And try not to get hung up on stuff that didn't work out. Just be curious. If you didn't do so well with a goal, ask yourself why. What was going on in your life at the time? Was there anything you could have done differently?
Step 2: Include your body's point of view.
Your body is your home; your anchor. Start to treat it that way. Many people treat houses, cars, and dogs, better than their own bodies. Admittedly, I meal prep for my dog, but I don't always do it for myself!
Now, it's totally okay to want to change your body. Whether it's weight loss, getting stronger, gaining weight, or whatever else, you need to include your body in whatever fitness program you choose. So ask yourself:
- What is your natural/healthy weight? Not your "high school" or "skinny jeans" weight. Where do you naturally feel happiest and healthiest? (See: How You'll Know When You've Reached Your Goal Weight)
- What is my metabolism like right now? Have you dieted a lot already? Are you pre-menopausal or menopausal? Both of these situations can impact your metabolism.
- What is my schedule like? How many days a week can you really make it to the gym? Then, what time most days would you be able to work out?
- What do my relationships need? How much attention do you need to give to children, your partner, your family, and your friends? How much energy will that require?
Knowing where you stand in all these areas will help you gauge what you can reasonably take on right now. Prepare yourself to only take on what you can realistically commit energy toward.
Step 3: Pick a goal that's for you, not about you.
No one could do it.
People kept coming up with goals that had to do with their kids, their spouse, their work—anything but themselves. People really struggle with this.
Take some time to write down one or more goals that are truly for you and only you. Some examples of goals that are just for you are:
- Improve my mile run time because running makes me feel strong and powerful.
- Go to CrossFit twice a week because I love how I feel after lifting weights.
- Commit to cooking dinner at home three nights a week because it's healthier than going out and improves my relationship with food. (See: Everything You Need to Stick with Your Resolution to Cook More)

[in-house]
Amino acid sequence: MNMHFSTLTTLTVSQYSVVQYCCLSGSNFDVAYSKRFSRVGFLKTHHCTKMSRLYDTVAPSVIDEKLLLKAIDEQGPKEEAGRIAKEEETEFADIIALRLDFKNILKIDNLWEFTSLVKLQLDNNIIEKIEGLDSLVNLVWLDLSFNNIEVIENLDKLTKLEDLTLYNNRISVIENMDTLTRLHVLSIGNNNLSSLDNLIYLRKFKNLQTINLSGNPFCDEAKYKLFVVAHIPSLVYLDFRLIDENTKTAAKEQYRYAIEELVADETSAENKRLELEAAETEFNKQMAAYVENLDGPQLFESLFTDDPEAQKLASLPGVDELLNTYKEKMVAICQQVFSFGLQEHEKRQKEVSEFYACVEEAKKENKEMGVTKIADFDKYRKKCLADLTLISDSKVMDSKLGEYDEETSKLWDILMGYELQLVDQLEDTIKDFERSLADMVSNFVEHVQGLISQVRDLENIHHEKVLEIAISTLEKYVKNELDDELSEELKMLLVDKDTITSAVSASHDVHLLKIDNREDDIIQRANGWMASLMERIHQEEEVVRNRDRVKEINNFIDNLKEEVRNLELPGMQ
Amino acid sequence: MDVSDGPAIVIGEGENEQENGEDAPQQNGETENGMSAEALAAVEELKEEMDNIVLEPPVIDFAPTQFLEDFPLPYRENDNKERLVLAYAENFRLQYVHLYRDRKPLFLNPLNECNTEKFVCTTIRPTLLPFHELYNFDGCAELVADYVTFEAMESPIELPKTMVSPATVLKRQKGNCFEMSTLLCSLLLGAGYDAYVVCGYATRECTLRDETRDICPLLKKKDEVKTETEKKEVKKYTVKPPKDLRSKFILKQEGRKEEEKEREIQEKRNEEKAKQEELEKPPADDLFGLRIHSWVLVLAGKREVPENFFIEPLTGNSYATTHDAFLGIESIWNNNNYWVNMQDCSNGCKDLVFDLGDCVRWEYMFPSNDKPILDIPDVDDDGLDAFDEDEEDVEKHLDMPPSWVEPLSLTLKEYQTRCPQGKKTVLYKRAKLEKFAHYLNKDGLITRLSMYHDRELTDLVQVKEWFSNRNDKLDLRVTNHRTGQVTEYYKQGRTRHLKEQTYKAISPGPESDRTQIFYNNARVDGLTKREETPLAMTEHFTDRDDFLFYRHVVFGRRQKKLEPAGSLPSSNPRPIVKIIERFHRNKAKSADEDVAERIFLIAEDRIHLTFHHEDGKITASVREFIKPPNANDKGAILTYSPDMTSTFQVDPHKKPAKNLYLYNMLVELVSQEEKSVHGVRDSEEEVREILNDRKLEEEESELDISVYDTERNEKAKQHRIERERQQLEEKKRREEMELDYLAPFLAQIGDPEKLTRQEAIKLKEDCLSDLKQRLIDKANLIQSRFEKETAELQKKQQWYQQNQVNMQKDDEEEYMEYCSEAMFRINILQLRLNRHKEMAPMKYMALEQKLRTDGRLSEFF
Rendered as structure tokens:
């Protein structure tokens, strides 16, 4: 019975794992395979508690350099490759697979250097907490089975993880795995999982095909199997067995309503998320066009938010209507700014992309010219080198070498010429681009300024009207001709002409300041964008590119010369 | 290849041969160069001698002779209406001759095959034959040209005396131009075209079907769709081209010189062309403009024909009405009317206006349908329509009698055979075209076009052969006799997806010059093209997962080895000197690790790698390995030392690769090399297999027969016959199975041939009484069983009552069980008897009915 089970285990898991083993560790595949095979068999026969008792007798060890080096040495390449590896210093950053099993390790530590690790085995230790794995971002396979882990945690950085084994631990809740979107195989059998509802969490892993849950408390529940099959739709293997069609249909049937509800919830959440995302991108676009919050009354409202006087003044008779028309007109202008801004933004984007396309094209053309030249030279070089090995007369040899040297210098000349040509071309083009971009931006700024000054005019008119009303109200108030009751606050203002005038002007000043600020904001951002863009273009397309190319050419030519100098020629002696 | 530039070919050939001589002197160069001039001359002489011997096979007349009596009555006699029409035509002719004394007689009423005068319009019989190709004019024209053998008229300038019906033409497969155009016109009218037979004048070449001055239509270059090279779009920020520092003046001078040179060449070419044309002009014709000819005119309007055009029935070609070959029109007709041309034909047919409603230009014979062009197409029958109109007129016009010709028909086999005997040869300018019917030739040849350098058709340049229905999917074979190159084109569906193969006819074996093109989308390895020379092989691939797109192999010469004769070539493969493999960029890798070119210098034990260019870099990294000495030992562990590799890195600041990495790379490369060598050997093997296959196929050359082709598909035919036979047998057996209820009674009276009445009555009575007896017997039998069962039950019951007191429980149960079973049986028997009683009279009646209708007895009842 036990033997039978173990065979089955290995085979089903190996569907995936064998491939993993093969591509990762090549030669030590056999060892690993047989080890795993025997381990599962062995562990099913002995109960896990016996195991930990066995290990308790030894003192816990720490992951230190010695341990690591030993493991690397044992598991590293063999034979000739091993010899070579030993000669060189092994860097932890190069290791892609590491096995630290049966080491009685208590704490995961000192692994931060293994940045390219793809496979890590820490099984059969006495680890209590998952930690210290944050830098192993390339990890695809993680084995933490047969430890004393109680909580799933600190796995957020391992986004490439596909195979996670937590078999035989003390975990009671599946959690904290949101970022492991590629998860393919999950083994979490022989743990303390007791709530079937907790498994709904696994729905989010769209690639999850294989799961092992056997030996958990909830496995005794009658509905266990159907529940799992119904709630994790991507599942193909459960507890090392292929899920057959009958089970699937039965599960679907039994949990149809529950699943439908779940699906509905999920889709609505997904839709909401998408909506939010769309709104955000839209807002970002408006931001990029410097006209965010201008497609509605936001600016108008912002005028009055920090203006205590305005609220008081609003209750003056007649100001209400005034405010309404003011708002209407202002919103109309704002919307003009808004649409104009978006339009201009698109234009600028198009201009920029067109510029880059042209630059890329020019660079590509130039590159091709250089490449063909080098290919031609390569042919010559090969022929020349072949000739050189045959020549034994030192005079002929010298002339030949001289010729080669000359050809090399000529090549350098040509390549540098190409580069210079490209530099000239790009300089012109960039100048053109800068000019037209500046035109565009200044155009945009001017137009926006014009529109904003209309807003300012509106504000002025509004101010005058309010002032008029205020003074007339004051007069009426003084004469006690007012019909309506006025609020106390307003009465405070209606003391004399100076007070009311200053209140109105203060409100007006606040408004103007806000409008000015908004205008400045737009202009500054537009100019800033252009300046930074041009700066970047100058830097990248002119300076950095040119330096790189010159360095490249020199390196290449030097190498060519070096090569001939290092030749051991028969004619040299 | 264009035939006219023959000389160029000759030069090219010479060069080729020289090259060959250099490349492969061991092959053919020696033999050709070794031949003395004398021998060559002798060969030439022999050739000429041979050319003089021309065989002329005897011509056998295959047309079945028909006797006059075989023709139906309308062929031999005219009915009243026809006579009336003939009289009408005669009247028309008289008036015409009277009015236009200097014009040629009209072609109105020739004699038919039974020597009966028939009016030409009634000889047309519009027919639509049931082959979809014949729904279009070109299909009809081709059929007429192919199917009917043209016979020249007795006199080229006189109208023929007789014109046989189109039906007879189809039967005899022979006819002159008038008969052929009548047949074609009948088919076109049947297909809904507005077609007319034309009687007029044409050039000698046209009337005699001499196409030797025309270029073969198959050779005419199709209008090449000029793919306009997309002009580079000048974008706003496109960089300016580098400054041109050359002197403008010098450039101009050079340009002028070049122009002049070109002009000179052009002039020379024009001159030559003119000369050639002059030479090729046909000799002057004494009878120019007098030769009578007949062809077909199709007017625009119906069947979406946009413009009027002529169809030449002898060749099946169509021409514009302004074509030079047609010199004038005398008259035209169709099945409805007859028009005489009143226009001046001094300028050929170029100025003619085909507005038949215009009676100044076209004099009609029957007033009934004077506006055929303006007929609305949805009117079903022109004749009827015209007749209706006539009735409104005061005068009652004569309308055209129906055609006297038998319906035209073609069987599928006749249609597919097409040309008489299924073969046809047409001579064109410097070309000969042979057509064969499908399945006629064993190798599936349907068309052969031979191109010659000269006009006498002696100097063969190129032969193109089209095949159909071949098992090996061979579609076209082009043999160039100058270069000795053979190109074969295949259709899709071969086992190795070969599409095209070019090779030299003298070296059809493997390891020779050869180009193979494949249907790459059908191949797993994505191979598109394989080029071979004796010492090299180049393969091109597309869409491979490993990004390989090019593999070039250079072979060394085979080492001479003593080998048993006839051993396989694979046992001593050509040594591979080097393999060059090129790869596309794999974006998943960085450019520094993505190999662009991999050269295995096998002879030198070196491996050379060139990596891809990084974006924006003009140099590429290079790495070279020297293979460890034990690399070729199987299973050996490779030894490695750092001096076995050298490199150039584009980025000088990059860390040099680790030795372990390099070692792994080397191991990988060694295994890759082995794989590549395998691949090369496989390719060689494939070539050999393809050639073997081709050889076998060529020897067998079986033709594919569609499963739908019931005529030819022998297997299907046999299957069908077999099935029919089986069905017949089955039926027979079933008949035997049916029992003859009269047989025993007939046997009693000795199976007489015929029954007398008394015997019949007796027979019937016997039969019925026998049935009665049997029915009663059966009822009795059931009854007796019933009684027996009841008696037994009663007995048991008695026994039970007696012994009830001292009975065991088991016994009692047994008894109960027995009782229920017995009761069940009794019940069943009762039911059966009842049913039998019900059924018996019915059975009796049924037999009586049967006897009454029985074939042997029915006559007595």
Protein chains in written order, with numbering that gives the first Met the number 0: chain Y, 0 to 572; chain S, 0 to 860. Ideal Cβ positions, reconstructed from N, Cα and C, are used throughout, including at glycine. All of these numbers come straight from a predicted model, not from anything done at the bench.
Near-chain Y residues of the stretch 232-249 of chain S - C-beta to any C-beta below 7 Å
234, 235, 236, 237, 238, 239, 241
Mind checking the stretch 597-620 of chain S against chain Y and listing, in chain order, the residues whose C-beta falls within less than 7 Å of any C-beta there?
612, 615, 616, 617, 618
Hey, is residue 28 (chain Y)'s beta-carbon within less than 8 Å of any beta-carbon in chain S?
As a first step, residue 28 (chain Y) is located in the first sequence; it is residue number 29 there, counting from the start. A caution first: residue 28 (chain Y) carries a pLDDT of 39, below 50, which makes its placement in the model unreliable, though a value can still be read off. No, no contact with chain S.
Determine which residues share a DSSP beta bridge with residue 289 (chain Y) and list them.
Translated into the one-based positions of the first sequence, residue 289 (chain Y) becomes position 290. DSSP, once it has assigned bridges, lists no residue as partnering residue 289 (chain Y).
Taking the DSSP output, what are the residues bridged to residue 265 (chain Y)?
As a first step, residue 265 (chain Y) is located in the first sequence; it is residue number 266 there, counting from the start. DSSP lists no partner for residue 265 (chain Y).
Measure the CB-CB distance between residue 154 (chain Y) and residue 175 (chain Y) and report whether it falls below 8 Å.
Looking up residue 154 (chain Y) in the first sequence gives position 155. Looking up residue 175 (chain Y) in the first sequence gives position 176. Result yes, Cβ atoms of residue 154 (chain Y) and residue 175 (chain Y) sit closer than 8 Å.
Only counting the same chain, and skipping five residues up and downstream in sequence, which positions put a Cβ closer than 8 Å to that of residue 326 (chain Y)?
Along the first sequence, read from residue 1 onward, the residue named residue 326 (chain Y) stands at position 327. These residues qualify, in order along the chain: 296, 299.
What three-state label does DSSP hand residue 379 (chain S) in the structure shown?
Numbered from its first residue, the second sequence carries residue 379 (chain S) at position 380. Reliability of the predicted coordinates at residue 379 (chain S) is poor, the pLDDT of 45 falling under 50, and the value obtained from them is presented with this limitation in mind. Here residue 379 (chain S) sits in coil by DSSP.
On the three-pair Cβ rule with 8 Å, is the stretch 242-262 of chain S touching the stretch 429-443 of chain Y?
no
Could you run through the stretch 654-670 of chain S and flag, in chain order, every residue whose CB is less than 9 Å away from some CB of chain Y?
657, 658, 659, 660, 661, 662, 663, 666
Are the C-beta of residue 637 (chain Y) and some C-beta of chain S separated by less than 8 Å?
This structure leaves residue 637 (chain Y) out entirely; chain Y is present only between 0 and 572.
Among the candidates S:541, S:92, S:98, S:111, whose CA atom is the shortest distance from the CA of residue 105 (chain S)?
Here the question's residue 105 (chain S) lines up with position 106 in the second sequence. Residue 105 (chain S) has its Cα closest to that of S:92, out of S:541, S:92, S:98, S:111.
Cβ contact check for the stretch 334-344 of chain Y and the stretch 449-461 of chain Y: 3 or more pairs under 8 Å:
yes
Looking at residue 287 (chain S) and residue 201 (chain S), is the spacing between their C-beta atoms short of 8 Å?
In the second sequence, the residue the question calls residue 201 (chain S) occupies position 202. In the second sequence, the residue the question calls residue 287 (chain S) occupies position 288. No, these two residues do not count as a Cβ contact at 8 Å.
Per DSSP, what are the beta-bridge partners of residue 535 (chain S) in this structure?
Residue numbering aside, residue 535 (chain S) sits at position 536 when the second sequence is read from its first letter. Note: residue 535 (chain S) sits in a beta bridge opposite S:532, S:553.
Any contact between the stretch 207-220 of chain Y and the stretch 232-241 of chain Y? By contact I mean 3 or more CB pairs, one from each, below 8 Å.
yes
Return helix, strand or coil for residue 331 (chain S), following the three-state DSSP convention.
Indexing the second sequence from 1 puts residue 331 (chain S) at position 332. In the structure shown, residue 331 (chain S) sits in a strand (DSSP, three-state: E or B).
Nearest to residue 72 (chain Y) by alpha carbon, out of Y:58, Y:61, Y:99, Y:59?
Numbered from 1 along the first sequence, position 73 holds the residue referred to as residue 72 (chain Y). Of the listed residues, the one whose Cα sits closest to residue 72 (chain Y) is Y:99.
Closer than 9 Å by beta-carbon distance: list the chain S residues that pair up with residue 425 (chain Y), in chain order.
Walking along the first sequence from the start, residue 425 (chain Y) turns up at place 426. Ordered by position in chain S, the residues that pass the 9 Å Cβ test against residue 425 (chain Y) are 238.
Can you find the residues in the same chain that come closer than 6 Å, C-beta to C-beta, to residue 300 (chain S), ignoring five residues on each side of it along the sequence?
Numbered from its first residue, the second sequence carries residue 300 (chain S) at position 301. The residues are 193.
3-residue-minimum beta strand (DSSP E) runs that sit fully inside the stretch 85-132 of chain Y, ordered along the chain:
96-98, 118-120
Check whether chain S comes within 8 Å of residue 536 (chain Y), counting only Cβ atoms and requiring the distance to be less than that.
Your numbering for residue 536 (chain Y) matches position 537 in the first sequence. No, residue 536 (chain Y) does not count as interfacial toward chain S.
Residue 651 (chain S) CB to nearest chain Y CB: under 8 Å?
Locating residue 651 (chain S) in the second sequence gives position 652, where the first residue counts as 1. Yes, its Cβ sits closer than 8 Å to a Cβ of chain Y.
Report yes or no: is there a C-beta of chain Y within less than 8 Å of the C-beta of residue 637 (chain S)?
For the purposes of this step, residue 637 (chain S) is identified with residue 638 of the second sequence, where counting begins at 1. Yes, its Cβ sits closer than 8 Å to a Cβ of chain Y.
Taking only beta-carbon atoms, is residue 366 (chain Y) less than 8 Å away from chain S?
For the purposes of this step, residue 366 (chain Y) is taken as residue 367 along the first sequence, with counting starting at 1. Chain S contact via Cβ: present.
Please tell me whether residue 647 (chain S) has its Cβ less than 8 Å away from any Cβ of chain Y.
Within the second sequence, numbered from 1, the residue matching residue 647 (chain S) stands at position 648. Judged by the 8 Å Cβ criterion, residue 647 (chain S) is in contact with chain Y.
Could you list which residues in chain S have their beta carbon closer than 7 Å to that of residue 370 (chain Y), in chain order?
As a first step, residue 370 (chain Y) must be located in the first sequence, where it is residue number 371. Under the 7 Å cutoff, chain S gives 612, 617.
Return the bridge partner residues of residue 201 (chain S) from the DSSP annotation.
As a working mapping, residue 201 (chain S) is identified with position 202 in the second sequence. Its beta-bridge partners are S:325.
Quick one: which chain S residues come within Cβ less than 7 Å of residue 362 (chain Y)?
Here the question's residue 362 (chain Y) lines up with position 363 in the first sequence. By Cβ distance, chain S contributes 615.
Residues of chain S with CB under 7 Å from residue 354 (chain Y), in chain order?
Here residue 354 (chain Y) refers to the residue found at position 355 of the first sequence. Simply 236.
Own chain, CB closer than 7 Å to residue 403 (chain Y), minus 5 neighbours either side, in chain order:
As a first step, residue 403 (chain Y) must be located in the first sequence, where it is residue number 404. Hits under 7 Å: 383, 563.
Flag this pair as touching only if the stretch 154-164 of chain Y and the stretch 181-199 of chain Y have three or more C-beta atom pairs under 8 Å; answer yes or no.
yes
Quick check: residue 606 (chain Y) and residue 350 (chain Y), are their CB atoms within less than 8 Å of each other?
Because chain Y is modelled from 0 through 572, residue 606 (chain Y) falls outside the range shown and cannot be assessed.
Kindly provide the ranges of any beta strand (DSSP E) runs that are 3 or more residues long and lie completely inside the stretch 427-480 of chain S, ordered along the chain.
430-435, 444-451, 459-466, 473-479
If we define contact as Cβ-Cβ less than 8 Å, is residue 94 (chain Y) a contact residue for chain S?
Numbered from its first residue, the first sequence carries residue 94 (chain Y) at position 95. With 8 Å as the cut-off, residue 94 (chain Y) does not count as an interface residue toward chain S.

- Lose 15 pounds to get back to my "healthy, happy weight" because I like how I look and feel at that weight.
Some of you will have one goal. Maybe you can only handle one new thing—that's totally fine. Some of you will have more than one goal. That's awesome too.
Step 4: Always do your prep work.
Now that you've chosen your goal and set the stage, you're ready for the most tactical step. This part is about recognizing what you need to do to help achieve your goal and writing it down. Take five minutes and write out what you need to do today to get to your goal tomorrow or the next day or month. It can be super simple. Here's an example of what your list could look like:
- Breakfast: protein and carb
- Lunch: protein and vegetables
- Dinner: protein, carb, wine
- Work out
- Meditate five minutes
- Watch The Office
Anything that you want to see happen in your day, write it down. It's not just a to-do list. It's a life list, so you can put fun and easy stuff on there, too. Sometimes I honestly write "shower" because it's an easy thing to cross-off.
Step 5: Make time for mindset maintenance.
The power of positivity is a real thing.
As you work toward your goal, make sure you stop to smile and remember that you're alive. It might be hard to work toward your goals at times but embrace the difficulty. This is good.
You get to be a part of your day. You get to be a part of these goals. You get to do this.